I attended the MDBA International River Health Conference in Canberra from Sunday the 18th of October to Tuesday the 20th.
Students from around Australia and New Zealand came to participate and learn about the environment.
These conferences are run on the philosophy of ‘Kids teaching Kids’, all workshops are run by school groups. The workshops and presentations have taken some schools close to a year to prepare. The workshops ranged from schools building wetlands, electronic environment games, Black Bream on Kangaroo Island, population growth, recycling, frogs and climate change.
We also had a day at the botanic gardens where we built bird boxes, planted trees, designing clay tiles for the gardens, making seed clay balls, plant propagation and indigenous cultural activities.
On Monday there was an expert panel discussion and the topic was: Climate change; what can young people do to make a difference?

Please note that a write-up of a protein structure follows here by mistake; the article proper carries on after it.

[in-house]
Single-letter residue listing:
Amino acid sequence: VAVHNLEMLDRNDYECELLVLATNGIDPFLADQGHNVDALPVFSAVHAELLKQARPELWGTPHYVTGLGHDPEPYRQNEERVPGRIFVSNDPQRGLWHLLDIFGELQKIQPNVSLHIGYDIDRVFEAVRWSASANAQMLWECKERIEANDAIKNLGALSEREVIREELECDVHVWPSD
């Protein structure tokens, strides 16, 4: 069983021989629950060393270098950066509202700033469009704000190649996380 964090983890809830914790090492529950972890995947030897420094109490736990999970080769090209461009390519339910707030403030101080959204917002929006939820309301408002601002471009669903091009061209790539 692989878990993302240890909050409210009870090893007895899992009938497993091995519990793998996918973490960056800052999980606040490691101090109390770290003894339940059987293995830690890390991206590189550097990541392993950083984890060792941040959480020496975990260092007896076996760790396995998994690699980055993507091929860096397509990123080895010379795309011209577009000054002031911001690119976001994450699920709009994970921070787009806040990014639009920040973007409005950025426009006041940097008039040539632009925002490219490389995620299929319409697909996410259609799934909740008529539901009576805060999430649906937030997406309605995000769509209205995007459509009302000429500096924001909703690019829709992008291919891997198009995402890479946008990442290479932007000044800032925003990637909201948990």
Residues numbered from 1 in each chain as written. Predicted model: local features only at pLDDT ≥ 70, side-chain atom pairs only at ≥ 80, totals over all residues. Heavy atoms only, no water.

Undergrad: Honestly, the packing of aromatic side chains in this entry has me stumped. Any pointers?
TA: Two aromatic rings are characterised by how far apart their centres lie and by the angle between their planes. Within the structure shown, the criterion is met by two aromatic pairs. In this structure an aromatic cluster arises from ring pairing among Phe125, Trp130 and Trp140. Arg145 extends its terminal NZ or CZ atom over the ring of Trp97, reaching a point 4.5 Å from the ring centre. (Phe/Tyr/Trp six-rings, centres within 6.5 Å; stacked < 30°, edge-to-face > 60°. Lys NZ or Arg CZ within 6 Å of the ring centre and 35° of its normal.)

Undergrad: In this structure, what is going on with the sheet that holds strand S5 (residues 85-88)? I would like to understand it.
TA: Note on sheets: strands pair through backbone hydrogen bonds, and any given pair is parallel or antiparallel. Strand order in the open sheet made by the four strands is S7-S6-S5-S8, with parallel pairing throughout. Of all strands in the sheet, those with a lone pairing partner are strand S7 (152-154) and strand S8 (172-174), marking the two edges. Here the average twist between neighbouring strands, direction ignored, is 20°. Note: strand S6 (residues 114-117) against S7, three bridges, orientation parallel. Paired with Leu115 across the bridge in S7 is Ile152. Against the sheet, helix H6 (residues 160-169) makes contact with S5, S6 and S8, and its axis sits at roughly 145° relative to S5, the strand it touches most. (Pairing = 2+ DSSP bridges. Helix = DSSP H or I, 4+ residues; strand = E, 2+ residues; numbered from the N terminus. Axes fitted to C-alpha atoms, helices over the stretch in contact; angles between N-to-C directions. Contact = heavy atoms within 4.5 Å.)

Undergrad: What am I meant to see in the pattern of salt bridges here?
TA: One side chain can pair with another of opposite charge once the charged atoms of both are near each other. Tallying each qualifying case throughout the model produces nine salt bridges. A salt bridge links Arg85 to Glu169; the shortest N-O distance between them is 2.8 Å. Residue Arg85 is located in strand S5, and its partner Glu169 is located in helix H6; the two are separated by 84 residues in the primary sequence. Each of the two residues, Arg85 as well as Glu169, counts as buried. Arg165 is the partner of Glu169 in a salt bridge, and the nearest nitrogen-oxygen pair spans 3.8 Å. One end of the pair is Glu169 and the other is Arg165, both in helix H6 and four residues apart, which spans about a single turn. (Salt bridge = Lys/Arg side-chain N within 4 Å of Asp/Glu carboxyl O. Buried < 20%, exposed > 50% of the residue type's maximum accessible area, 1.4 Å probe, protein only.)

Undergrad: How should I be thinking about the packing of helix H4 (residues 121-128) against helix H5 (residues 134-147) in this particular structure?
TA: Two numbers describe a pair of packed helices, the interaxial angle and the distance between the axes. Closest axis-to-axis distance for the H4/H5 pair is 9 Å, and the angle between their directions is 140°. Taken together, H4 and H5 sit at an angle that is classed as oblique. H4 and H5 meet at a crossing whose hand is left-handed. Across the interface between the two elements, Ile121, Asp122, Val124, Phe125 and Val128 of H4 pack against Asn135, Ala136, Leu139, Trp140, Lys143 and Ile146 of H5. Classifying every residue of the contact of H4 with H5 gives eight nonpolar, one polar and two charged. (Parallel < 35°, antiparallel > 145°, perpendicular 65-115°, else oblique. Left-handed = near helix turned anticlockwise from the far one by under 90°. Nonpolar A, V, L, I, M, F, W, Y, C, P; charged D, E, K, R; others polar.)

The panel consisted of two team captains who were comedians Claire Hooper and Josh Thomas. The host was Arron Wood the Director and Conference Convenor. Panellists included Senator Christine Milne Deputy Leader, the Australian Greens, Senator Nick Xenophon Independent Senator for South Australia, Mr Tim Costello CEO of World Vision, Linh Do National Director Change & Switch and Professor Gary Jones CEO eWater CRC.
Also that morning Dan Adams gave a speech about why he founded ‘Make Poverty History’ and Youth Decide. His speech was so passionate about trying to stop poverty. His story was amazing.
I gave a speech at the official conference dinner along with Mr Tim Costello. I spoke about how climate change will affect children in developing countries and Mr Costello’s speech that followed mine was about the same subject. Mr Costello also spoke about the role World Vision plays in helping developing countries.
Overall children’s understanding of the environment and current issues were outstanding. The workshops, plays, activities, singing, dancing and presentations were of high quality. The best part of this conference was that the workshops were taught by kids.